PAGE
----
Mitchell Bard 
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© Mitchell Bard 2016

Will Israel Survive? Bet On It

I gave my new book the provocative title Will Israel Survive? because Israel faces so many challenges today that it is a legitimate question. A year ago nearly one-fourth of Israelis said they were not certain if Israel would exist in the long run and 54% feared for the existence of the state.

Israelis have good reason to be concerned. Consider the threat of Islamic jihadism that appears to be gaining strength along its borders following the Hamas takeover of Gaza and the war with Hezbollah. Radical Islamists cannot accept Jews ruling over Muslims or any territory that belongs to the past or future Islamic empires. They will wage war so long as Israel exists so it does not matter where the borders are drawn.

Israel can live with terrorism, but what happens if Iran acquires a nuclear bomb? Can Israel risk the threat of annihilation? If not, what can it do? Should it rely on the international community or the United States to prevent Iran from acquiring the bomb or deterring it from using one? Does it have the capability to act unilaterally to stop Iran and what are the consequences of a military strike?

Israel can decide how to react to Iran’s nuclear ambitions, but it can do much less about the demographic bomb. The Palestinian Arab birth rate is double that of the Jews, which means that the Jewish majority in Israel is slowly declining. Today, it is 76%, by 2025 it is expected to drop to 70%, which means Israeli Arabs will have greater political clout. If Israel were to keep the West Bank, the situation would be even worse, with projections suggesting the Jews could become a minority in less than 15 years. The demographic reality prompted the disengagement from Gaza and ultimately will lead to a withdrawal from the West Bank. The Gaza experience has shown, however, that reducing the demographic threat does not mean Israel will not face other dangers when it gives up territory.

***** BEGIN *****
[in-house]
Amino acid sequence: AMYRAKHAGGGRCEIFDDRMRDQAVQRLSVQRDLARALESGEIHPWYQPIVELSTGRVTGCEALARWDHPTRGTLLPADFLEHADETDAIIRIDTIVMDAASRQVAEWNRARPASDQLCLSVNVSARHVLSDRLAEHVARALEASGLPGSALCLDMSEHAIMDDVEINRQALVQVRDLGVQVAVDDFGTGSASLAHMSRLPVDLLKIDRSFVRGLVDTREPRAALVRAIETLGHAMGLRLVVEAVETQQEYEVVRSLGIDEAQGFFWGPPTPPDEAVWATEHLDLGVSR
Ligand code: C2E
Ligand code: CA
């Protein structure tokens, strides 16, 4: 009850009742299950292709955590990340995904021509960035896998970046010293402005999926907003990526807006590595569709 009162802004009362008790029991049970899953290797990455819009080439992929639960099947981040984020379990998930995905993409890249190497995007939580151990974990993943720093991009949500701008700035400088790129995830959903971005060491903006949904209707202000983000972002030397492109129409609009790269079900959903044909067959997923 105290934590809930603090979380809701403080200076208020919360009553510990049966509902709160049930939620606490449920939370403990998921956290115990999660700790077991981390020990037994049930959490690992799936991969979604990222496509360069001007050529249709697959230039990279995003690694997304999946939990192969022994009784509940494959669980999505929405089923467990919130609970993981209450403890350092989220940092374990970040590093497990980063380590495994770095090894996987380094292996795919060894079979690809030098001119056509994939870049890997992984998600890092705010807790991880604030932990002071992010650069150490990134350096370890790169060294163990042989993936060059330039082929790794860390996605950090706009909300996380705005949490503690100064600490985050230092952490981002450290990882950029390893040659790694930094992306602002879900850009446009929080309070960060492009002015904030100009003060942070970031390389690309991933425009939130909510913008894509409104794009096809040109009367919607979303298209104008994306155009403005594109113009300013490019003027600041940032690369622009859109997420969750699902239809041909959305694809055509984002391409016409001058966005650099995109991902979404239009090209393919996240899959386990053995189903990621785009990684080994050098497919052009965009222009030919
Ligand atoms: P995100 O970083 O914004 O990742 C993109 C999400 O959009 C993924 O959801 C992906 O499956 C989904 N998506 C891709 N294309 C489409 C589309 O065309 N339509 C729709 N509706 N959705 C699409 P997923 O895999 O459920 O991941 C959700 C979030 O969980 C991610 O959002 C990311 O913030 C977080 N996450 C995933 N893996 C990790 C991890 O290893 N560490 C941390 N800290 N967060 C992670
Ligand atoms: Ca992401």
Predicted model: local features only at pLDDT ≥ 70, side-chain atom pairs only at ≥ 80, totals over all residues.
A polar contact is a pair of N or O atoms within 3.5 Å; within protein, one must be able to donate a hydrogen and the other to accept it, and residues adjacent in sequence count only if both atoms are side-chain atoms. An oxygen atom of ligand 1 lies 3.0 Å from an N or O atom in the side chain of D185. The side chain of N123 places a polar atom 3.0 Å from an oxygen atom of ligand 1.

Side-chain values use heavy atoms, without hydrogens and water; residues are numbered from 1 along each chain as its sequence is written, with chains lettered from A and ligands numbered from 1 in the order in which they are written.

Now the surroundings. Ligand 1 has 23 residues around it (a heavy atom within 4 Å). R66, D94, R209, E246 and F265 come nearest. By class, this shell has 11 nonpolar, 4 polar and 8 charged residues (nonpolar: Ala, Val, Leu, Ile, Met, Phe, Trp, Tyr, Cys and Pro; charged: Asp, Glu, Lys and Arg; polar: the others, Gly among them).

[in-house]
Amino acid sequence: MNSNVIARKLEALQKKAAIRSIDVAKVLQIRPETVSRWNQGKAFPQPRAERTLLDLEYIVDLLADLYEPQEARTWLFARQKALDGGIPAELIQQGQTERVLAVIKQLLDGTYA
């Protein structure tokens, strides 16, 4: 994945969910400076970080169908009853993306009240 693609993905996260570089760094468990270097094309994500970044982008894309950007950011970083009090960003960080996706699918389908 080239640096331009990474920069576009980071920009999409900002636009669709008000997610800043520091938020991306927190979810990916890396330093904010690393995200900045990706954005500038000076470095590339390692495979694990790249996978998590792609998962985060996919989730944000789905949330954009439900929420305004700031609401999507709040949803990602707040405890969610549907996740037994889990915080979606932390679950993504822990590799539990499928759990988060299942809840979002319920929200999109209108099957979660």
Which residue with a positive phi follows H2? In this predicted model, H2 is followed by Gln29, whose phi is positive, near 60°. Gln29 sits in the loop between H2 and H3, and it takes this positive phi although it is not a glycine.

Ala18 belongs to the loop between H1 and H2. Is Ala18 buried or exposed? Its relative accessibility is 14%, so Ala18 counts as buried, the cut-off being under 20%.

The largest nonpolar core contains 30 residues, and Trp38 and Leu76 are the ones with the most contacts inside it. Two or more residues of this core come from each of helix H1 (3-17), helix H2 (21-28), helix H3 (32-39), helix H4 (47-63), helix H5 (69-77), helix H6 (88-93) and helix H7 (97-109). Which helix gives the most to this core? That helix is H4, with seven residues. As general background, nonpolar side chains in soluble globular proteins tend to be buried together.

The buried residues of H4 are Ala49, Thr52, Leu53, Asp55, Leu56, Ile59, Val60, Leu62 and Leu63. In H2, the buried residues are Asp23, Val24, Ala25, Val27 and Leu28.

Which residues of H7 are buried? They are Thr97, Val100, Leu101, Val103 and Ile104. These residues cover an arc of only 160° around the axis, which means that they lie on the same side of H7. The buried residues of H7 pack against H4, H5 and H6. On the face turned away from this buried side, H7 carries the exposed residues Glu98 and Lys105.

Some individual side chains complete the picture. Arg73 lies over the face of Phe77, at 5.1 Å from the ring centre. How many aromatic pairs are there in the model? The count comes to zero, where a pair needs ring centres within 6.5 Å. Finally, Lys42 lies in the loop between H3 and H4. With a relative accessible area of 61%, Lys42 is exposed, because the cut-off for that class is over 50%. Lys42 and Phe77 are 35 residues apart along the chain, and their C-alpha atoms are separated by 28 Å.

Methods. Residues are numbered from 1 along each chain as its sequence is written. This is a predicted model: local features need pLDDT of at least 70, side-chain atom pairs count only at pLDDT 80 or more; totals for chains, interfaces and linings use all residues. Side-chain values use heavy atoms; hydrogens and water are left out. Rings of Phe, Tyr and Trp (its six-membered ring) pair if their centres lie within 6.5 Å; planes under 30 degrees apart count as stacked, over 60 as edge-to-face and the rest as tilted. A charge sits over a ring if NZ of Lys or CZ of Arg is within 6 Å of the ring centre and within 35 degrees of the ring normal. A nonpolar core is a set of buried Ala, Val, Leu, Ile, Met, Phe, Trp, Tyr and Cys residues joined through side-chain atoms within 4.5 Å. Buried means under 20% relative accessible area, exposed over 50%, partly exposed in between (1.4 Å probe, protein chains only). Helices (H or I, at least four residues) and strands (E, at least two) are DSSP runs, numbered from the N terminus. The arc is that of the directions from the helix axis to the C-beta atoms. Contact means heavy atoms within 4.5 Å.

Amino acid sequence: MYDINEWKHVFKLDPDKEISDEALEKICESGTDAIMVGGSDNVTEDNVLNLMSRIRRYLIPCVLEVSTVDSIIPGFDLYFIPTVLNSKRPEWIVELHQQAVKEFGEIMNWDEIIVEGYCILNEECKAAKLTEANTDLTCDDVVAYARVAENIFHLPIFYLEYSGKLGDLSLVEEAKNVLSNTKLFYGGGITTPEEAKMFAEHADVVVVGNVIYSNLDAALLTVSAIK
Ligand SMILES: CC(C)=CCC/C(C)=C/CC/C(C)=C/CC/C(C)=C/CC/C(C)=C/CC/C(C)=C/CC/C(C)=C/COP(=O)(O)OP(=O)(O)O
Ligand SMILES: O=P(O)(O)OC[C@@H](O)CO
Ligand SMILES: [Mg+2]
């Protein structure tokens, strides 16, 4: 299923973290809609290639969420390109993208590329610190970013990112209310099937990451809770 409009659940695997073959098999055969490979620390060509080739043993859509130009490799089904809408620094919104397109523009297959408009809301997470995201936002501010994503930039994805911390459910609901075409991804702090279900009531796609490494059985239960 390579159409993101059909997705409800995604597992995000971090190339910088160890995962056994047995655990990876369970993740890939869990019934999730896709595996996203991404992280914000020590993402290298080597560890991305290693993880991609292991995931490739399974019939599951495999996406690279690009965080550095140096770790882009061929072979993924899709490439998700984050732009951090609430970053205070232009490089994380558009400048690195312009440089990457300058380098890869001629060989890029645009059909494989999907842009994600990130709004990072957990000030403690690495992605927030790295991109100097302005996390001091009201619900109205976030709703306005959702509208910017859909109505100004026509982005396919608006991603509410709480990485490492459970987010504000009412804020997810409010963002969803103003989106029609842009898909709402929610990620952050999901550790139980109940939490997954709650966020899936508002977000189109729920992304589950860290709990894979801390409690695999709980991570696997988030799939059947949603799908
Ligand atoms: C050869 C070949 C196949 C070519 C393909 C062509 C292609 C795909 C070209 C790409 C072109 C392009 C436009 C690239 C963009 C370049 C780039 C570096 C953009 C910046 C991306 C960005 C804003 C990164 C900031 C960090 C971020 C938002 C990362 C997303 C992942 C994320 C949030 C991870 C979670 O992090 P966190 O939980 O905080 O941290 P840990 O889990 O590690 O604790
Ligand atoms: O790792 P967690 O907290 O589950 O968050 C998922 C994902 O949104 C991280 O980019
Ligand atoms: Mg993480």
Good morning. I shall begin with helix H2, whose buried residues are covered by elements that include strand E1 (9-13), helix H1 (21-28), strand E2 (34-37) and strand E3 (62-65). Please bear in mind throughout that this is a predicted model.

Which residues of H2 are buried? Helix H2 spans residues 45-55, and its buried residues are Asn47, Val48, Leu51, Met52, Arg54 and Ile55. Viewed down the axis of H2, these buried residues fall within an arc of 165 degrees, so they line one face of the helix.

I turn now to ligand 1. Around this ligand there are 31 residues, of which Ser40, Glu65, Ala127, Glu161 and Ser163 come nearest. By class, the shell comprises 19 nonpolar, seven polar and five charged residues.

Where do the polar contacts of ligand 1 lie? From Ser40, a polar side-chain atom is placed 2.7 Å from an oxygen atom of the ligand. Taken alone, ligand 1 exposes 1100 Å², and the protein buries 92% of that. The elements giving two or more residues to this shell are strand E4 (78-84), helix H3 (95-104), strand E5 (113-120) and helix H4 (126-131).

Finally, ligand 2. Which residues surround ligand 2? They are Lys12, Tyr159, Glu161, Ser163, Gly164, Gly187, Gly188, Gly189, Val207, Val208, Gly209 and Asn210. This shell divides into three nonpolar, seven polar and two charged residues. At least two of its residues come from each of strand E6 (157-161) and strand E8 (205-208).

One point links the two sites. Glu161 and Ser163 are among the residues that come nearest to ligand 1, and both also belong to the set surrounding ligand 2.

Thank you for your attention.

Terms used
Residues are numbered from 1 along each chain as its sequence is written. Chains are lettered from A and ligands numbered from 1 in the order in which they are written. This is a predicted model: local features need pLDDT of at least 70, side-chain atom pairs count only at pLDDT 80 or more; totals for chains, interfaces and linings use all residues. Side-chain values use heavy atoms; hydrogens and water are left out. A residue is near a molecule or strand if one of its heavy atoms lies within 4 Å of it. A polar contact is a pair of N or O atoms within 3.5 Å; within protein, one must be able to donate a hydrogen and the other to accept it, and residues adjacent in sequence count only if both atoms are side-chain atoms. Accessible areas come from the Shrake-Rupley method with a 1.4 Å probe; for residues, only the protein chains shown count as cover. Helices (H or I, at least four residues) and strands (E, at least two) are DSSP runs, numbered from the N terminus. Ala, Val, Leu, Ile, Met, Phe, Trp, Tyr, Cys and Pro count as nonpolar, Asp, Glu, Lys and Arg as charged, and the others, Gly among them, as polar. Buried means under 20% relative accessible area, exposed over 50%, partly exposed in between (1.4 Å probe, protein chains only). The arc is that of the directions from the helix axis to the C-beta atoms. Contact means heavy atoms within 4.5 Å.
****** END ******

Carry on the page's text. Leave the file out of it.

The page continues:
One largely overlooked threat to Israel’s survival is the need for water. As Israel’s population grows and its economy prospers, the need for water also expands. Roughly 50% of its water supply could be threatened by territorial compromises. One quarter of Israel’s water comes from mountain aquifers that lie in areas of the West Bank that may be controlled in the future by the Palestinians. Similarly, if Israel were to withdraw from the Golan Heights, another quarter of its supply provided by the Kinneret would be endangered. Neither the Palestinians nor the Syrians have to take hostile steps to threaten Israel’s fresh water. Overpumping, pollution and other activities unrelated to enmity toward Israel could severely affect the availability of water in Israel.

If we are to objectively consider Israel’s long-term future, it is necessary to consider these types of worst-case scenarios. Another would be the abandonment of Israel by the United States. How will support for Israel be affected, for example, as the face of Congress changes with increasing representation by Hispanics? What if the Jimmy Carter school of thought becomes more prevalent? Imagine how the United Nations would treat Israel without the threat of an American veto.

My book deals with these and other dangers that Israel faces and argues they can be overcome. After all, the history of the Jewish people is a story of survival. It took more than 2,000 years for the Jews to regain power in their homeland, but Israel is now a prosperous nation of more than seven million citizens, while the mighty Assyrians, Babylonians and other ancient powers that once dominated the region have been relegated to Marx’s dustbin of history.

For people of faith, Israel will survive because that is God’s will. I believe that Israel will endure because of the strength of its people, the support of Diaspora Jewry and the belief of non-Jewish friends that the Jewish people are entitled to a state in their homeland. Even though my book outlines the obstacles, I am confident Israel will also achieve peace, perhaps not the perfect peace we all hope for, but the treaties with Egypt and Jordan have proved coexistence is possible.

Will Israel Survive? Ask me again in a hundred years.